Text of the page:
If you drink Darjeeling Tea from India, you are drinking a product that was stolen from China by Robert Fortune in the early half of the 19th century.

But there is much more to this story than the theft of tea from the country that has the earliest records of tea drinking dating back to the first millennium BCE, because this nonfiction book reads like a spy thriller. If caught, Fortune would have been executed by the Chinese. To pull off the biggest heist of all time, he disguised himself as Chinese and traveled to areas of China that no foreigner had ever visited before, and his only companions were Chinese that he had bribed to work for him.

Lloyd Lofthouse is the award-winning author of My Splendid Concubine, Crazy is Normal, Running with the Enemy, and The Redemption of Don Juan Casanova.

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Did a silkworm fall into a cup of tea more than 7,400 years ago: Part 2 of 2

January 4, 2018

Chinese trade with the Roman Empire started in the 1st century BC. Ships from the Roman Empire first sailed to India and bought silk, which became very popular in Rome. In fact, purple silk was worth its weight in gold.

JSTOR tells us in an article titled Greece & Rome that the Silk Trade between China and the Roman Empire took place between A. D. 90 – 130. The silk trade started earlier than that but, “Precisely how long ago the Chinese began to export their silk westward along the trade routes of Cantal Asia we do not know.”

Eventually the Roman merchants set up trading posts all the way to China and reached Canton; then traded in Chang-Cheou near today’s Shanghai.

Until 73 AD, the sea route was the only one open since the caravan routes along the Silk Road were closed at the time.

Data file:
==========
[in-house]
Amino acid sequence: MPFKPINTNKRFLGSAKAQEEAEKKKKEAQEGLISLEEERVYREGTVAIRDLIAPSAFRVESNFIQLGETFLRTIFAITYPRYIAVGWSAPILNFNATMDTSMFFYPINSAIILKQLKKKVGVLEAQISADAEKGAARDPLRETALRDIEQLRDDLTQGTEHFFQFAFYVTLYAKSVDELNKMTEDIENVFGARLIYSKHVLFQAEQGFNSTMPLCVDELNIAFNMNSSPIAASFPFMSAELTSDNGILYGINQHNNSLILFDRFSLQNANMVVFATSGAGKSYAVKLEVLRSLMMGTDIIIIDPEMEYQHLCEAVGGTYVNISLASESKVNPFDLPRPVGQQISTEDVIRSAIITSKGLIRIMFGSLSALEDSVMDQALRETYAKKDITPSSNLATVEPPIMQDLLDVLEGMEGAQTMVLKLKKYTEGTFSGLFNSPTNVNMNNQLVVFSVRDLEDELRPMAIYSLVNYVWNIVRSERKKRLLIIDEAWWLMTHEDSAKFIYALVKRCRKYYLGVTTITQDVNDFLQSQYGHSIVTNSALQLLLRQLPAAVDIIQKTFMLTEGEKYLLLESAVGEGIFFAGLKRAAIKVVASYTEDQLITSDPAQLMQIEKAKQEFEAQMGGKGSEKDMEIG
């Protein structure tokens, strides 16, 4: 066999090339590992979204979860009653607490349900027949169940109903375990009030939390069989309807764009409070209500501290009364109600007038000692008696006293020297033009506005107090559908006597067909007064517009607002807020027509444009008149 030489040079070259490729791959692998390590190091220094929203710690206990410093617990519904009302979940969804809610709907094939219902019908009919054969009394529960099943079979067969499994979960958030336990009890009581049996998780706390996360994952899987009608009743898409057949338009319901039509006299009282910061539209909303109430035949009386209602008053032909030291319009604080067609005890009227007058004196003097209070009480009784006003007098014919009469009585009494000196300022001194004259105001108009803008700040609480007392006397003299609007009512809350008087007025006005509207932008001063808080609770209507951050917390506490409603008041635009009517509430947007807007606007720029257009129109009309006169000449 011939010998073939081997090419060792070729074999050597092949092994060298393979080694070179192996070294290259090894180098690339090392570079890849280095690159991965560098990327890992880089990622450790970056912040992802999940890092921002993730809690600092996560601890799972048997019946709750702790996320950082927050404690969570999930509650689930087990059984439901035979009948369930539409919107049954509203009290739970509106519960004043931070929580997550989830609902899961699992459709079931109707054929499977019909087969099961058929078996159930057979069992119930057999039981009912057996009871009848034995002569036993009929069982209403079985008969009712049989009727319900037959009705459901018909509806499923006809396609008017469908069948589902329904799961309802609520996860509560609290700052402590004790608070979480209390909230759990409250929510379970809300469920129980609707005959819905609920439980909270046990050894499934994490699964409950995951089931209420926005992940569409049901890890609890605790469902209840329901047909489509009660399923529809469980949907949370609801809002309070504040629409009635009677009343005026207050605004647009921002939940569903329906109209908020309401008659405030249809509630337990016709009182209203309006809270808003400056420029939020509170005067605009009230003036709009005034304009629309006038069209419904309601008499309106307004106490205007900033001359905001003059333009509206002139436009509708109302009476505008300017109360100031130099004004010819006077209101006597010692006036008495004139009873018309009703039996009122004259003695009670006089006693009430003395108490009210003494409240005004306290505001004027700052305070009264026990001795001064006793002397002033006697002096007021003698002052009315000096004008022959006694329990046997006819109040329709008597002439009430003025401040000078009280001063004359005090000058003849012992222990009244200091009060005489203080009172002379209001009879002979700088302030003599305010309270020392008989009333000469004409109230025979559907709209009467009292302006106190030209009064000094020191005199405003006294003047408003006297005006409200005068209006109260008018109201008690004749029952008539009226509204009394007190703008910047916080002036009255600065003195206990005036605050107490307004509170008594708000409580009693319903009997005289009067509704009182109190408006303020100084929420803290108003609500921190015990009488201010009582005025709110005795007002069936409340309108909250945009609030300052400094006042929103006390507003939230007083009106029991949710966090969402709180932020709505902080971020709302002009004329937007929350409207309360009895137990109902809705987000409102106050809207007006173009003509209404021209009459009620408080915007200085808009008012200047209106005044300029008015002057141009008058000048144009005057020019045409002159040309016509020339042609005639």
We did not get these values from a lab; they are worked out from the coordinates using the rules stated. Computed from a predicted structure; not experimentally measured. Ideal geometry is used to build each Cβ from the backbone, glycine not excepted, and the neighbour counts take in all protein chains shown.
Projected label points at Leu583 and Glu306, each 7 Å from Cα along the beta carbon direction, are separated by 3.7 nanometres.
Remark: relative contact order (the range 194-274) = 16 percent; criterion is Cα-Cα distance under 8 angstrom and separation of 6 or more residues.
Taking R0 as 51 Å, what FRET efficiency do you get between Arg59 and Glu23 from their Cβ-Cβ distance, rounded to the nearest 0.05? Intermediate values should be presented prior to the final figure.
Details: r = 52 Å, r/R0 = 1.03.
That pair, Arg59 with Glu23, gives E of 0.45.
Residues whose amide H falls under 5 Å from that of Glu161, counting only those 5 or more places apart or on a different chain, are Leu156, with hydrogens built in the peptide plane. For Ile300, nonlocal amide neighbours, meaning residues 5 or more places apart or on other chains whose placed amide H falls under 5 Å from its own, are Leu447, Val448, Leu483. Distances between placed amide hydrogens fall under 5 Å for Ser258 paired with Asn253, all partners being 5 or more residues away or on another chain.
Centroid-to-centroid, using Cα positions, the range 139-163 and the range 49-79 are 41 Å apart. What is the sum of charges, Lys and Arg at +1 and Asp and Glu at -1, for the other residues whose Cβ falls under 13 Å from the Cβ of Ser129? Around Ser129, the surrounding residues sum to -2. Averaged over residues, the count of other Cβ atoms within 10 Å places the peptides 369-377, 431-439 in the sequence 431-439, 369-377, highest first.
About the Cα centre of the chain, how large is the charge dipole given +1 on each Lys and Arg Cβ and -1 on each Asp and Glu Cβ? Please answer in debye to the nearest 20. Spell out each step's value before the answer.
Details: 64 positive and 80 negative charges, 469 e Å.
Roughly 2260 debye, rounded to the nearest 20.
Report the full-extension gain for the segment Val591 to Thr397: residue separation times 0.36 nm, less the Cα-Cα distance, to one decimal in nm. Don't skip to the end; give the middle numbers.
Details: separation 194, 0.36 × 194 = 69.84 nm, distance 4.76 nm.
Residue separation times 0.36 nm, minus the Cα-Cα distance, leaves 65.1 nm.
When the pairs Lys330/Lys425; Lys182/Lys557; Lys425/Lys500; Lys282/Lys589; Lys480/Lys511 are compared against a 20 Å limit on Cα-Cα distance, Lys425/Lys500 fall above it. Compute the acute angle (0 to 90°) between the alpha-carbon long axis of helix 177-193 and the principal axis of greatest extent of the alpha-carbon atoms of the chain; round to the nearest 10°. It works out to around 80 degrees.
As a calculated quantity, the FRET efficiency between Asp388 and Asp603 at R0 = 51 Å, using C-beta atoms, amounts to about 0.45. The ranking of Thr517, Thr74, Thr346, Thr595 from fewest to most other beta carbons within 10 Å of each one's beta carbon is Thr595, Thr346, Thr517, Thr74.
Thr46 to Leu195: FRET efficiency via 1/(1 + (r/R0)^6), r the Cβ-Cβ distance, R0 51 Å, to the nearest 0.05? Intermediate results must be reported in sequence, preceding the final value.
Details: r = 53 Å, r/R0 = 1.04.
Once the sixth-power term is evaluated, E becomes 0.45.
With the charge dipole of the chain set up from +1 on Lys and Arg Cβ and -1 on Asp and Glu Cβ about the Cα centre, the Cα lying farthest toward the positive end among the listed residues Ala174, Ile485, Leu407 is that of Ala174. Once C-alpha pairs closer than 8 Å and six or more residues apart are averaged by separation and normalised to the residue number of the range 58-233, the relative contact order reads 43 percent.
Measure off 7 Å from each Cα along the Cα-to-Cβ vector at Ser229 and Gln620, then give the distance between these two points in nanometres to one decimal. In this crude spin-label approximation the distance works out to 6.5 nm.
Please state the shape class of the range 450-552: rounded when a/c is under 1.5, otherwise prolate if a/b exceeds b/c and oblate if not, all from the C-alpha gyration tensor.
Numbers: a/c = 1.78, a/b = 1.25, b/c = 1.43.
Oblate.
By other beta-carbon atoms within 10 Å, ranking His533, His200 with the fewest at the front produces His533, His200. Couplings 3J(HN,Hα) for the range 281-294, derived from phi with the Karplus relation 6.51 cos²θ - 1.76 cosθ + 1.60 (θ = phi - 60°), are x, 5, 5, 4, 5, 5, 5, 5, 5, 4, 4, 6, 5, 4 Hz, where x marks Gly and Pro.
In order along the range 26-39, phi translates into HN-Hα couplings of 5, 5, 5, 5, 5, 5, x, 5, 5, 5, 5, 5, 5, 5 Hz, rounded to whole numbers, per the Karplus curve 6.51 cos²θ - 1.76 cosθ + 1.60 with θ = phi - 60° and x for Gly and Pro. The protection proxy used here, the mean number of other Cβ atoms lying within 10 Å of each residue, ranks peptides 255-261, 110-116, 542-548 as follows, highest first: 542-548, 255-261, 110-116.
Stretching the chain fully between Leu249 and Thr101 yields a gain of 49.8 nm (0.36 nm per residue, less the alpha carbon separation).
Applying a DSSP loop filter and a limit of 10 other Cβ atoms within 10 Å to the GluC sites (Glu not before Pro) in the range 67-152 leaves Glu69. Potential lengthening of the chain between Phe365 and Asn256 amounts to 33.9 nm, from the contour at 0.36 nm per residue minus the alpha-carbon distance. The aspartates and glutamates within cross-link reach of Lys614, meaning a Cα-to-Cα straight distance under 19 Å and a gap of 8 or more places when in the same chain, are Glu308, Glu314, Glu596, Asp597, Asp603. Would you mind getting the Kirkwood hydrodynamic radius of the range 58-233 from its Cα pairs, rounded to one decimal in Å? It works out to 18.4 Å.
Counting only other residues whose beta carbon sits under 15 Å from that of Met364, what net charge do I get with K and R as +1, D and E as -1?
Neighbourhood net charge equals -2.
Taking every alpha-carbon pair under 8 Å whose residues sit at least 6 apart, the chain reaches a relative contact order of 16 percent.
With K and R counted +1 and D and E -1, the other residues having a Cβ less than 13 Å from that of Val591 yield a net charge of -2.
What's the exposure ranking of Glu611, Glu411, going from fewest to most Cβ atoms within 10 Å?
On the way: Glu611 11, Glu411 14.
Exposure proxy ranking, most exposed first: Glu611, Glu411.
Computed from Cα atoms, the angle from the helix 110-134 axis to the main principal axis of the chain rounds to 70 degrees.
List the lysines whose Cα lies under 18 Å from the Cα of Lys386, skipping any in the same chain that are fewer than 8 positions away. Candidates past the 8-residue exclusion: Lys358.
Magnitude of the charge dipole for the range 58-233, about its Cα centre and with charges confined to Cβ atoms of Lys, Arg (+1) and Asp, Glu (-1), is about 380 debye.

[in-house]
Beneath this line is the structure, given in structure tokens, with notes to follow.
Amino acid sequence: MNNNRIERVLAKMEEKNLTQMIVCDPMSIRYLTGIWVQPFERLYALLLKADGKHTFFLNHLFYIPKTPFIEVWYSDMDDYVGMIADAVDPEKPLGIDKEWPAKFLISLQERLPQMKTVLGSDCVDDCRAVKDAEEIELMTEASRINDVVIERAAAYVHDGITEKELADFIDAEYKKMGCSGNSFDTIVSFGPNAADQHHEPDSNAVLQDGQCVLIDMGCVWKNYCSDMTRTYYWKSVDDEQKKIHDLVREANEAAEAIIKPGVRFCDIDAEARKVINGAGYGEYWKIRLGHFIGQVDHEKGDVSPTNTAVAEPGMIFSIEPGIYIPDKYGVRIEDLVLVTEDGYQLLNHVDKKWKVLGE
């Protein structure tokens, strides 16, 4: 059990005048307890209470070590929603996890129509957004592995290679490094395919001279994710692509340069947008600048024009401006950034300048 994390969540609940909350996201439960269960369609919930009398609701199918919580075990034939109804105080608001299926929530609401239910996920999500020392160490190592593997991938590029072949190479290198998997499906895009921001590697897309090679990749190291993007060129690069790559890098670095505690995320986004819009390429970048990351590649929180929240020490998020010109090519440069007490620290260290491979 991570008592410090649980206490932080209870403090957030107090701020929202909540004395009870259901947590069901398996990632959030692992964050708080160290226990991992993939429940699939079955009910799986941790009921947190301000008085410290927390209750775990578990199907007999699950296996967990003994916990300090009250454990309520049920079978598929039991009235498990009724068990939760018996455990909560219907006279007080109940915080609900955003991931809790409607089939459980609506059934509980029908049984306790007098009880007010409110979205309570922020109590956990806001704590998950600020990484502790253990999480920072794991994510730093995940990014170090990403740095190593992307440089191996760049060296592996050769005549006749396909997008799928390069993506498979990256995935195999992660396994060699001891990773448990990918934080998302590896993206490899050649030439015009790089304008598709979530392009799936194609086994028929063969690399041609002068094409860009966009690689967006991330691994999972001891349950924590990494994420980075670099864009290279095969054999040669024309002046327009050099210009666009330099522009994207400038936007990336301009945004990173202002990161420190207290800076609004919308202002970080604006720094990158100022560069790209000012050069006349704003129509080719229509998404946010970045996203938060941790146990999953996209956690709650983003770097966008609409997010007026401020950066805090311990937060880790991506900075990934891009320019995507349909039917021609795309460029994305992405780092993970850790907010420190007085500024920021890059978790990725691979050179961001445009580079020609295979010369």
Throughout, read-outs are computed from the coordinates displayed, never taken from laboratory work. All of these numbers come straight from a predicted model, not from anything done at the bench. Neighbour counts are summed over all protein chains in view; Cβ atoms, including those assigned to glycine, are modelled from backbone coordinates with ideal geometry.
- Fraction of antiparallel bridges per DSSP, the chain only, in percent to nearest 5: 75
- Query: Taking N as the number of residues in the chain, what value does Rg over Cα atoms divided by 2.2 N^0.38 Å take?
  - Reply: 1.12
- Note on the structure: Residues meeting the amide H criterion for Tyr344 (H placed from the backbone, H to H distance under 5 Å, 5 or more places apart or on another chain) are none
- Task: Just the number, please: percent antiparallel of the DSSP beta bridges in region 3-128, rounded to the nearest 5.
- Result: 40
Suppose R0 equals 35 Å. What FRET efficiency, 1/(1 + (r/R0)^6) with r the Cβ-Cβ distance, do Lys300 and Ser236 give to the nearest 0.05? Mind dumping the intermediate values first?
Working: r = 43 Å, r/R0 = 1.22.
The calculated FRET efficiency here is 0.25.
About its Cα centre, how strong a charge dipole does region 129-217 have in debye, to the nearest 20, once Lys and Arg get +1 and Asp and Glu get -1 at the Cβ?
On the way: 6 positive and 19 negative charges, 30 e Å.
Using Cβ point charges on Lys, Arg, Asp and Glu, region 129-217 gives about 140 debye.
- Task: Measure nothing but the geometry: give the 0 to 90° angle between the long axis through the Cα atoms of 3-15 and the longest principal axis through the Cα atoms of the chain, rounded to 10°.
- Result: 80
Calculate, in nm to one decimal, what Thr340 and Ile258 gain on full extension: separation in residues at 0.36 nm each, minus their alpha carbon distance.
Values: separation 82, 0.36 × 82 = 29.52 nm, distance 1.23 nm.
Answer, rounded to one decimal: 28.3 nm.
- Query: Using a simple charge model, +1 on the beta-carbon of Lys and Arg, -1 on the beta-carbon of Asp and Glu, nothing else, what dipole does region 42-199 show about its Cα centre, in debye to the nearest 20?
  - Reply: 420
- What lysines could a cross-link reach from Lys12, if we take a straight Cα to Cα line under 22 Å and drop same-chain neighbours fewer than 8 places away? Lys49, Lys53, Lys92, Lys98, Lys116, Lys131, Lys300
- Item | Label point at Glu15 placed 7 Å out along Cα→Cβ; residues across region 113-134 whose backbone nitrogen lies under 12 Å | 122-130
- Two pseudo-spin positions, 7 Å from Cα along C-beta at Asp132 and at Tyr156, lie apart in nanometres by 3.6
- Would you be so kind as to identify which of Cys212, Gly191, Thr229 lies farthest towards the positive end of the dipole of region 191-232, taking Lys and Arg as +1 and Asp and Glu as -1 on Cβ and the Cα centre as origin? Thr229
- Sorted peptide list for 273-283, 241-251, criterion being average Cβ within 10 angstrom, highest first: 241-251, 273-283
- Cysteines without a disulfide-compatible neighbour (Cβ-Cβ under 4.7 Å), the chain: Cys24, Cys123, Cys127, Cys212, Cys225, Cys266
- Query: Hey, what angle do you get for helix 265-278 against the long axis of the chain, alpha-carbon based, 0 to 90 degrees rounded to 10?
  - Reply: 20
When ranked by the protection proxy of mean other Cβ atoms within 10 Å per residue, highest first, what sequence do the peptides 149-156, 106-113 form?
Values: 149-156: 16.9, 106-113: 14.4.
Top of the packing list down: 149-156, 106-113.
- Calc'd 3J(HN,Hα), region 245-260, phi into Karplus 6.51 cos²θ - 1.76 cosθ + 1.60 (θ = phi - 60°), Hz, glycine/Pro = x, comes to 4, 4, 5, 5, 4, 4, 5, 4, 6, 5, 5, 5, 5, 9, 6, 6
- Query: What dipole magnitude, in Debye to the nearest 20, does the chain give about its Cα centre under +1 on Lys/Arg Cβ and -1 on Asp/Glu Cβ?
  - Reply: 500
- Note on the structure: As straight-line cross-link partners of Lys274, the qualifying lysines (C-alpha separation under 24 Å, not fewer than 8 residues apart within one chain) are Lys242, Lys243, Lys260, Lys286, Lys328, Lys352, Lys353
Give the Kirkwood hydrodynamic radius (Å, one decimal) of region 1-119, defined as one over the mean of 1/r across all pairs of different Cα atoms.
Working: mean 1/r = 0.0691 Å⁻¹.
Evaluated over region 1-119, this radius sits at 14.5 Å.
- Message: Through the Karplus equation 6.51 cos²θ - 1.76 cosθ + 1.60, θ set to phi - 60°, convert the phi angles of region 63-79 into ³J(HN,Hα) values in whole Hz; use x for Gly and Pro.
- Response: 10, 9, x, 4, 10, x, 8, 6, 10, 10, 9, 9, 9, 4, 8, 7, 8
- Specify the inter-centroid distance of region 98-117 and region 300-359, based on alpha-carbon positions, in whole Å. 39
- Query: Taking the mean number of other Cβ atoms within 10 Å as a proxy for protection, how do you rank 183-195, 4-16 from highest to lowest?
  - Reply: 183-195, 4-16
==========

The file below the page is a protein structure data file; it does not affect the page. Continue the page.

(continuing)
Roman Emperor Augustus Caesar (31 BC to 14 AD) earned credit for establishing trade between Rome and China.

In 166 AD, Roman travelers arrived at the Court of the Han Dynasty (206 BC – 219 AD). These Romans met powerful representative of the Han Dynasty.

About the same time, Buddhist missionaries arrived in China by ship from India and introduced Buddhism to China.

Romans spent recklessly [does this sound familiar?]. Gold left Rome and flowed to the East at such a rate that the government had to restrict imports. After a long period of prosperity in Rome, the empire entered a serious economic crisis.

This overspending ended up bankrupting the Roman Empire and the Romans couldn’t maintain the hundreds of thousands of troops needed to protect their empire contributing to the collapse of the empire and ushering in the dark ages.


From the history of silk, we learn how much wealth [today’s billionaires] shapes governance.

Return to or start with Part 1

Lloyd Lofthouse is the award-winning author of My Splendid Concubine, Crazy is Normal, Running with the Enemy, and The Redemption of Don Juan Casanova.

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Did a silk worm fall into a cup of tea more than 7,400 years ago: Part 1 of 2

January 3, 2018

I’ve often read about the Silk Road, but I was curious and wanted to know more about the history of silk.


Inside a Chinese silk factory

Silk has a long history in China. In 1984, silk fabric dating back more than five-thousand years was found in Henan Province.


Making cloth from a silkworm

According to legend, Lei Zu, the queen of China’s legendary Yellow Emperor, was drinking a cup of tea beneath a mulberry tree one day when a silkworm cocoon fell into her cup. Further investigation revealed that the unraveling fibers were light and tough, ripe for spinning.

And that is allegedly how China’s silk industry was born.


How silk is made

Then I learned that merchants from the Roman Empire sent ships by sea to China and traded directly with the Han Dynasty for silk. We’ll discover more about this in Part 2.

Continued in Part 2 on January 4, 2018

Lloyd Lofthouse is the award-winning author of My Splendid Concubine, Crazy is Normal, Running with the Enemy, and The Redemption of Don Juan Casanova.

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Invasion of the Robots

December 13, 2017

Recode.net reported in May 2017, why manufacturing jobs are coming back to the U.S. – even as companies buy more robots. “In April, 12.4 million Americans worked in manufacturing, according to the U.S. Bureau of Labor Statistics. That’s up by about 25,000 jobs from a year prior, and almost a million from early 2010. But it’s still down by about one third, or more than six million jobs, from 1980. …